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Our group has been working on several aspects of male and female sexual function and dysfunction and of neuronal regulation of the urogenital tract.

Nitrergic - noradrenergic interactions

The interaction between the nitrergic and noradrenergic systems regulates penile erection. We have shown that this interaction happens in smooth muscle, suggesting a physiological antagonism (1). We believe that the key element in this interaction is intracellular calcium in the smooth muscle, which causes the nitrergic pathway to predominate (2). We have shown that phosphodiesterase type-5 inhibitors can enhance and prolong nitrergic control of noradrenergic responses, and such compounds could be used to treat impotence, in which defective nitrergic transmission is accompanied by increased noradrenergic activity (2,3).

Diabetes mellitus and male erectile dysfunction (MED)

In rats with diabetes, we have shown that nitrergic nerves undergo selective degeneration in the penis, whereas noradrenergic nerves are not affected, leading to reduced erectile function (3). We have recently shown that this selective degenerative process is bi-phasic (4). Delayed insulin treatment can reverse the effects of diabetes on the autonomic nerves up to a certain time point. After that point, the damage becomes irreversible. The irreversible damage is due to accumulation of advanced glycation endproducts in the blood and organs which cannot be reversed with insulin treatment. These results emphasize the importance of blood glucose control in prevention of diabetic complications. We aim to understand further the relation between diabetes, autonomic neuropathy, the function of nitrergic nerves, and erectile dysfunction.

Novel therapeutic approaches to MED

We are investigating the effects of soluble guanylate cyclase activators, NO - releasing agents, and Rho-kinase inhibitors on animal and human penile cavernosal smooth muscle (5).

Novel therapeutic approaches to benign prostatic hyperplasia (BPH)

Enlargement of the prostate (BPH) affects approximately 85% of men over the age of 50. The current drugs available for the treatment of BPH aim either to relax the prostate or to reduce its size, as two separate actions. We have recently shown that Rho-kinase inhibitor is able both to reduce the size of the prostate and to stop it from growing (6).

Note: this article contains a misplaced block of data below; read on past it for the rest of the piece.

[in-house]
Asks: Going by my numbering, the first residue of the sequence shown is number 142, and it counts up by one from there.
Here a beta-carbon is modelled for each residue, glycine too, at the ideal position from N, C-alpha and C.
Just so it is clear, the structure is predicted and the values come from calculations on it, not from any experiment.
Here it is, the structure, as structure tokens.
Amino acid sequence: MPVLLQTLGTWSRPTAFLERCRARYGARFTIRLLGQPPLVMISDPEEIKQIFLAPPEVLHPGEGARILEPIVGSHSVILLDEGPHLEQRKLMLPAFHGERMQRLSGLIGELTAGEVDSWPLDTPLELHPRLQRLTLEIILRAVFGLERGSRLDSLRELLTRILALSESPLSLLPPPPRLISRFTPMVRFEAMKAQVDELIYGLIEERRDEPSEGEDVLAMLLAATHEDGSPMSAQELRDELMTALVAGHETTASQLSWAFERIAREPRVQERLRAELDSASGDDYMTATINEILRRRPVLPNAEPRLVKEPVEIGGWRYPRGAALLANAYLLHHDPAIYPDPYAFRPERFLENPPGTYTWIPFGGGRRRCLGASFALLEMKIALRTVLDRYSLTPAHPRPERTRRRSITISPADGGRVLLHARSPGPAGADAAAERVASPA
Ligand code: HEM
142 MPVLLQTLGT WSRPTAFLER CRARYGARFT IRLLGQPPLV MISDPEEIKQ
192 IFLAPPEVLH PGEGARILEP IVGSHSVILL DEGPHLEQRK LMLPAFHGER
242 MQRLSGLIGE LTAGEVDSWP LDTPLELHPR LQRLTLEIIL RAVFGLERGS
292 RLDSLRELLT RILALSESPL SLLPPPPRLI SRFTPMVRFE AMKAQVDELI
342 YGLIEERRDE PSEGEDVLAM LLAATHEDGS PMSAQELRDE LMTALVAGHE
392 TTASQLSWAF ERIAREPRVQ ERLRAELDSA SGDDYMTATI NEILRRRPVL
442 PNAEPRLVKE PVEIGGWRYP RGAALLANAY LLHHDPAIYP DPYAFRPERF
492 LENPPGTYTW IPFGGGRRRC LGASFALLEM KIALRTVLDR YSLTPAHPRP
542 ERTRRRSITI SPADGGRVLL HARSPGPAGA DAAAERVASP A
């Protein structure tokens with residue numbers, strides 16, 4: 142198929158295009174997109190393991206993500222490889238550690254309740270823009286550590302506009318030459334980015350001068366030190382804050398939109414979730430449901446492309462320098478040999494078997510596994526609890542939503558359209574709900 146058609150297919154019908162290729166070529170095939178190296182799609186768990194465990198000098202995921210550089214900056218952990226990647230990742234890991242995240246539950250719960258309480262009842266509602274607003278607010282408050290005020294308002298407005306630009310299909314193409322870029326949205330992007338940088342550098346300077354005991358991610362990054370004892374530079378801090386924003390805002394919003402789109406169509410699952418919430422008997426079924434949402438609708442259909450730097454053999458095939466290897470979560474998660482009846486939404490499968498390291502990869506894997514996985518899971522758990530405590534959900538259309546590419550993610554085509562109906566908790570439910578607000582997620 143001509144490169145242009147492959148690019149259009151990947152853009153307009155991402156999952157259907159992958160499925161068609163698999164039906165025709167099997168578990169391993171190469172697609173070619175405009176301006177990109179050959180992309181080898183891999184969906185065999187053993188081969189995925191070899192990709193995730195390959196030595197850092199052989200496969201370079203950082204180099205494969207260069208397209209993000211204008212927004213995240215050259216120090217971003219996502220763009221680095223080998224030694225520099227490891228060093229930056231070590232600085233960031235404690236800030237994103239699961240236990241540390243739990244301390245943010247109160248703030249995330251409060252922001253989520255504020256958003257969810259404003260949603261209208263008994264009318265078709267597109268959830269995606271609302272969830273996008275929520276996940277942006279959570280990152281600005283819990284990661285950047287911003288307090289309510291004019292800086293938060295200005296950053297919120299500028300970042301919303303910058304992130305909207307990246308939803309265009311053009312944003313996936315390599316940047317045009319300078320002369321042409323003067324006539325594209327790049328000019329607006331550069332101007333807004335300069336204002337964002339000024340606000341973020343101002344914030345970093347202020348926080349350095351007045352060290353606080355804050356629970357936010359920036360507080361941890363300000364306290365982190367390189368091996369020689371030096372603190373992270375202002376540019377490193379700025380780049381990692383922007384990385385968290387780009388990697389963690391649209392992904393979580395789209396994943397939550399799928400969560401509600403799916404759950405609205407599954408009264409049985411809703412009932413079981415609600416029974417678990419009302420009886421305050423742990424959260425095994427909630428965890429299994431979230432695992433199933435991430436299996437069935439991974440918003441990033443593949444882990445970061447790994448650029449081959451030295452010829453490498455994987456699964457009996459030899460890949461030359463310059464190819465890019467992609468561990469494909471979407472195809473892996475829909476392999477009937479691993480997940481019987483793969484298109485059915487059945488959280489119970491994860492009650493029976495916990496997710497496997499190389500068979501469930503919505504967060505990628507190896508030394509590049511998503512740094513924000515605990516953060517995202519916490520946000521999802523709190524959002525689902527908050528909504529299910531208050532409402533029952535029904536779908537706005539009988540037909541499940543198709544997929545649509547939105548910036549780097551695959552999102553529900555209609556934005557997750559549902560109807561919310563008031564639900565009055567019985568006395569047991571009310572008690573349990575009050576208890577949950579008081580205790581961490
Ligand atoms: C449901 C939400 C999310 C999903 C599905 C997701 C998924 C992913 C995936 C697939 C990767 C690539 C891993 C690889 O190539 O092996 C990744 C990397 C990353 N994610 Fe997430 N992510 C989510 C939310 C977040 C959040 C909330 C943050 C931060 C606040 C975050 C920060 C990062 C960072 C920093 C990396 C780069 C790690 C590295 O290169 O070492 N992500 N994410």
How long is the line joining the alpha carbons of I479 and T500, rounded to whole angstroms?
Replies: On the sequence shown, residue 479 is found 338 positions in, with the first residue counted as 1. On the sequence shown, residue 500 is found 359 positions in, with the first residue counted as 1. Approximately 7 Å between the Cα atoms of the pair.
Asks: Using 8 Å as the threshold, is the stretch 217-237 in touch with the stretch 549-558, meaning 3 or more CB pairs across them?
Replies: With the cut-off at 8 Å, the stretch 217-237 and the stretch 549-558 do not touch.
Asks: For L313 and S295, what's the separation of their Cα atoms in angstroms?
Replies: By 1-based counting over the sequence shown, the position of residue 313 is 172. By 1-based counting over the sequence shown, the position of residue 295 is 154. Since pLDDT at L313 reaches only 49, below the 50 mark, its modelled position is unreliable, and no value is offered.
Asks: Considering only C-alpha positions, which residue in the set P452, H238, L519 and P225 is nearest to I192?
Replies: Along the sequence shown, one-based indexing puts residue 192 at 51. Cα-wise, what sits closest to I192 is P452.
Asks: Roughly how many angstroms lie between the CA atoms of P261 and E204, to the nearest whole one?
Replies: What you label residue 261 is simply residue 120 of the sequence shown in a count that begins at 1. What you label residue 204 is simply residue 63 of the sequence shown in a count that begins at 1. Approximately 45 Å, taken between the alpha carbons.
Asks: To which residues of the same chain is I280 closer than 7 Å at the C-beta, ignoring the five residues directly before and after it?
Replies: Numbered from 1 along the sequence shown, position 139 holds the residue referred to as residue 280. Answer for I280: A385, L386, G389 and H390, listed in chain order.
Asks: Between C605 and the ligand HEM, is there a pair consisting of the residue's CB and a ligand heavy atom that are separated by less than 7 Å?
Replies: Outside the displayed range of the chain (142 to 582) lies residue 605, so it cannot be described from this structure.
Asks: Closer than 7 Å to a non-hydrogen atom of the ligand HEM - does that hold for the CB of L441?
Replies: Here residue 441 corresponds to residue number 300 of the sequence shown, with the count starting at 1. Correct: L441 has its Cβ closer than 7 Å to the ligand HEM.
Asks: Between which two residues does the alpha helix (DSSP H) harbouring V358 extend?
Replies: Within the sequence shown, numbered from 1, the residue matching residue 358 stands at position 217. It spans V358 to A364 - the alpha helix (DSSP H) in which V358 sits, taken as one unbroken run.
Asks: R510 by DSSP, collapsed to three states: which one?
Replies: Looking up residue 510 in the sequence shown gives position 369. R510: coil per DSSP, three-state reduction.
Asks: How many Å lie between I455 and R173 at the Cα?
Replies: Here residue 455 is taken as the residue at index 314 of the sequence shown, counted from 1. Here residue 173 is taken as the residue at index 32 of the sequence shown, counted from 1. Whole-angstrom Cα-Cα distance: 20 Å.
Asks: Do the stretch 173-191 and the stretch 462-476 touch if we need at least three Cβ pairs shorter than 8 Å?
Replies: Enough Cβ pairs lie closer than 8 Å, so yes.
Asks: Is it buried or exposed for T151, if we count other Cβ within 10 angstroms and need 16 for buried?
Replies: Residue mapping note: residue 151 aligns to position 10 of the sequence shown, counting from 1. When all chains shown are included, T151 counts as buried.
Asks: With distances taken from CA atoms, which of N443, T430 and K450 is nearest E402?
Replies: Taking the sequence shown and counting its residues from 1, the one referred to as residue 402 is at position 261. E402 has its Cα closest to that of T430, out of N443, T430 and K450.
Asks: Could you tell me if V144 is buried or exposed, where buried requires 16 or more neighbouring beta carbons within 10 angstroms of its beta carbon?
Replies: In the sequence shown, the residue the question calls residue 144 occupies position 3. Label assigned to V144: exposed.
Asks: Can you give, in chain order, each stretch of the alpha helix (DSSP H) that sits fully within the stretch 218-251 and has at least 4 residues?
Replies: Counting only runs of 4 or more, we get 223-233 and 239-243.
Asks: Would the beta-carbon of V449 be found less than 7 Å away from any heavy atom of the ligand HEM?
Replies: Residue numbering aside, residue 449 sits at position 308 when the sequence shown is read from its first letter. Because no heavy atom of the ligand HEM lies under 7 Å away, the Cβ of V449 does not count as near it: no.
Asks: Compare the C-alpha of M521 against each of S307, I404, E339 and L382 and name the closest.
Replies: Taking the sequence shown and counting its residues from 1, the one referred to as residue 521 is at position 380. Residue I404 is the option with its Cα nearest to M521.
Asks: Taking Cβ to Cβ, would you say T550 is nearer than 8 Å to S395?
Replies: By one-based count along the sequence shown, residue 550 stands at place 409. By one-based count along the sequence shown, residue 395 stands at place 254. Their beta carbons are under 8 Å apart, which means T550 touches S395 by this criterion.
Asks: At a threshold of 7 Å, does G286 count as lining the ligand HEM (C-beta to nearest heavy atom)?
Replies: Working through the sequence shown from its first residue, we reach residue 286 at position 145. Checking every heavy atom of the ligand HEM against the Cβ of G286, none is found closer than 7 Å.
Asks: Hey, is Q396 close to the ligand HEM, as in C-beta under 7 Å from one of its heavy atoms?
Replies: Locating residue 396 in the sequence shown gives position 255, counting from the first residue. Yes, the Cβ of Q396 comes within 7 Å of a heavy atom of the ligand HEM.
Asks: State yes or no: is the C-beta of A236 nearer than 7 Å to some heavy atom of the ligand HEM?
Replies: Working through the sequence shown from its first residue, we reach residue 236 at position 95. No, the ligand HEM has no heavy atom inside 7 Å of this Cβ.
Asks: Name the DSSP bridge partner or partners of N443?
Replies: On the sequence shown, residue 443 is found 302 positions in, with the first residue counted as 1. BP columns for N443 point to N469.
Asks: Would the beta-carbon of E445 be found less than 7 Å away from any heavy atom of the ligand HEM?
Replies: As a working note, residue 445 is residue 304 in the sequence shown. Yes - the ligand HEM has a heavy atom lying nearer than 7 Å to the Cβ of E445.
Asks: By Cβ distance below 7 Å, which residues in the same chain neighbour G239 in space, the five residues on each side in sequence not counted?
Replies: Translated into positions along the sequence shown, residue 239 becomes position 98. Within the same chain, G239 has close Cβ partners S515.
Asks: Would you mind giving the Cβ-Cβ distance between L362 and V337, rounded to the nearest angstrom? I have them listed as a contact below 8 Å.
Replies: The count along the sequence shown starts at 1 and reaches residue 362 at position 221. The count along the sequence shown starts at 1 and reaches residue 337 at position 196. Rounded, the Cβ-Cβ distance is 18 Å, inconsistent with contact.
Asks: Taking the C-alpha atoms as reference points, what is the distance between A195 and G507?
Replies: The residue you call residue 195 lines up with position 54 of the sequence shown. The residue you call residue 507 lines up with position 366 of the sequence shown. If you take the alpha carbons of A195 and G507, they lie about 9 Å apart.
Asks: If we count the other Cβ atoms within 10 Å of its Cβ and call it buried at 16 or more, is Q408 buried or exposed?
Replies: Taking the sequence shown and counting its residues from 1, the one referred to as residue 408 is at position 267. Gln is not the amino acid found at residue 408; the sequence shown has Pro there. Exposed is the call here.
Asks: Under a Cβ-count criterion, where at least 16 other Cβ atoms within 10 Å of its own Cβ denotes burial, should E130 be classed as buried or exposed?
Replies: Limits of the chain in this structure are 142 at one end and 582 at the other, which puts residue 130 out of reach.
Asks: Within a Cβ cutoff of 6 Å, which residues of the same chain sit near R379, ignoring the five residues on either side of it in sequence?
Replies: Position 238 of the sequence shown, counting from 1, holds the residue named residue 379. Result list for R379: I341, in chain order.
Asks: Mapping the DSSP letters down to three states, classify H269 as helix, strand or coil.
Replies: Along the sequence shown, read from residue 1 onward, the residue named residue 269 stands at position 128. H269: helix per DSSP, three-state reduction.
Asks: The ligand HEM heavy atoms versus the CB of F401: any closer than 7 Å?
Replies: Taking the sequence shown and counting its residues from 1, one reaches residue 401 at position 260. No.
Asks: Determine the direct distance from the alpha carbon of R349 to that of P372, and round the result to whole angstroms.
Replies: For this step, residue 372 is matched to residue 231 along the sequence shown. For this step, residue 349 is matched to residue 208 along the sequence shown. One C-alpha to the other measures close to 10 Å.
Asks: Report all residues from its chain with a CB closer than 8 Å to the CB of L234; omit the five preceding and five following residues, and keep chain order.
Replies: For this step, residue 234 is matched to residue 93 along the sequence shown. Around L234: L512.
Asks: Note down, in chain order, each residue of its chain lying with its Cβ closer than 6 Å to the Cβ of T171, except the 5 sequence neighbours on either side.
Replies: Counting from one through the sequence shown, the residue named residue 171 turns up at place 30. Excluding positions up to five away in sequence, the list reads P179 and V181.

Click here to read the press release about Rho-kinase inhibitor and BPH (available November).

Female sexual dysfunction

We have also been working on the identification of neurotransmission pathways in female sexual dysfunction and female sexual arousal disorder. We have shown that NO is the major relaxant neurotransmitter in the clitoral cavernous body, (7), whereas in the vaginal wall NO accounts for only 30% of the relaxation response. The remainder seems to be mediated by an unknown neurotransmitter (8), which we aim to identify.


Selected Publications

1. Cellek S, Moncada S. Nitrergic control of peripheral sympathetic responses in the human corpus cavernosum: a comparison with other species. Proc Natl Acad Sci USA 1997; 94: 8226-8231.

2. Cellek S. Nitrergic-noradrenergic interaction in penile erection: a new insight into erectile dysfunction. Drugs Today 2000; 36: 135-146.

3. Cellek S, Rodrigo J, Lobos E, Fernández P, Serrano J, Moncada S. Selective nitrergic neurodegeneration in diabetes mellitus: a nitric oxide-dependent phenomenon. Br J Pharmacol 1999; 128: 1804-1812.

4. Cellek S, Foxwell NA, Moncada S. Two phases of nitrergic neuropathy in streptozotocin-induced diabetic rats. Diabetes 2003; 52: 2353-2362.

5. Cellek S, Rees RW, Kalsi JS. A Rho-kinase inhibitor, soluble guanylate cyclase activator and nitric oxide-releasing PDE5 inhibitor: novel approaches to erectile dysfunction. Expert Opin Investig Drugs 2002; 11: 1563-1573.

6. Rees RW, Foxwell NA, Ralph DJ, Kell PD, Moncada S, Cellek S. Y-27632, a Rho-kinase inhibitor, inhibits proliferation and adrenergic contraction of prostatic smooth muscle cells. J Urol 2003; IN PRESS.

7. Cellek S, Moncada S. Nitrergic neurotransmission mediates the non-adrenergic non-cholinergic responses in the clitoral corpus cavernosum of the rabbit. Br J Pharmacol 1998; 125: 1627-1629.

8. Ziessen T, Moncada S, Cellek S. Characterization of the non-nitrergic NANC responses in the rabbit vaginal wall. Br J Pharmacol 2002; 135: 546-554.

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